One in five children born with a twin sibling in sub-Saharan Africa risks dying before the age of five—three times faster that singleton, according to research published in The Lancet medical journal.
“Twins account for 10.7 percent of all under-five deaths and 15.1 percent of neonatal (newborn) deaths in the region and these percentages are increasing,” the study said.
The research further revealed that under-5 mortality among twins has slightly declined by 327·7 per 1000 livebirths in 1995–2001. This decline of 35·0% was much less steep than the 50·6% reduction among singletons in the same time frame.
Sub-Saharan Africa has the highest rate of naturally occurring twin births in the world. Whereas natural twinning rates are about six to nine twin births per 1000 maternities in east Asia and Latin America, and eight to 16 in Europe, North America, and the Middle East.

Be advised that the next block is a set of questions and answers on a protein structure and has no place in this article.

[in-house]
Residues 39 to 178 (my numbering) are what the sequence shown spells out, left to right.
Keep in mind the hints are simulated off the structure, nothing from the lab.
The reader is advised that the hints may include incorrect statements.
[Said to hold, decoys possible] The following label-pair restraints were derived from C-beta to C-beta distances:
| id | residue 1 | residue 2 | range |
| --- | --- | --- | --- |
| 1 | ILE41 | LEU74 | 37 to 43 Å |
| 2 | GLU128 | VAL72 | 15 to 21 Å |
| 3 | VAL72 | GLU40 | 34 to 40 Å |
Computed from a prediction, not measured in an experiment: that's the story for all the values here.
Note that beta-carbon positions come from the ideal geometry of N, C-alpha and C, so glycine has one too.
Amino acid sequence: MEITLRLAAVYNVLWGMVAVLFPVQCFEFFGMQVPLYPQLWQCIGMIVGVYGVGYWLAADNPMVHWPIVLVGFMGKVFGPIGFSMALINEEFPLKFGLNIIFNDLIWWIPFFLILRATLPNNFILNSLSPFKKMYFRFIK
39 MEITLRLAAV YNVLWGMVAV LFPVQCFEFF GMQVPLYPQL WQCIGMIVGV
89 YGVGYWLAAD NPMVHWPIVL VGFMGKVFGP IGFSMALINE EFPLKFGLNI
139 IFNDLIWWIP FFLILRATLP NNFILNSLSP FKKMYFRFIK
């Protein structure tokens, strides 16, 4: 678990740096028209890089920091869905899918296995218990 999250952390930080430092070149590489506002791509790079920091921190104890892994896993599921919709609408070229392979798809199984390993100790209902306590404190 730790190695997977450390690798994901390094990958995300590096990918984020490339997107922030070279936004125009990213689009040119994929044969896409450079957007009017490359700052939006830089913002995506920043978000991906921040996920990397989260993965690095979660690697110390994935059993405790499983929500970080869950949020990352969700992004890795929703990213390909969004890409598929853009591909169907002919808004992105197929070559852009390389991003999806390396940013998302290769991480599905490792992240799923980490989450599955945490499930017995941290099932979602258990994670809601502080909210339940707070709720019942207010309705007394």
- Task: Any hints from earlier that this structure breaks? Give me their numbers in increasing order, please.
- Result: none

Twin births are as high as 18 per 1000 or more in the central African twinning zone that runs from Guinea, Liberia, and Ivory Coast in the west of Africa to Tanzania, Mozambique, and the Comoros in the east.1 About 3–4% of children born in sub-Saharan Africa are members of a twin pair.
The study suggested that to reduce twin mortality in sub-Saharan Africa, improvements in health-care services are needed in all three phases of the process: during pregnancy, at delivery, and post partum are mandatory.
Expectant mothers are also advised to form a habit of delivering in hospitals equipped with trained staff who can handle twin delivery.
A prior test to detect twins was also recommended by the study as special attention might be required during the pregnancy period like for instance antenatal care.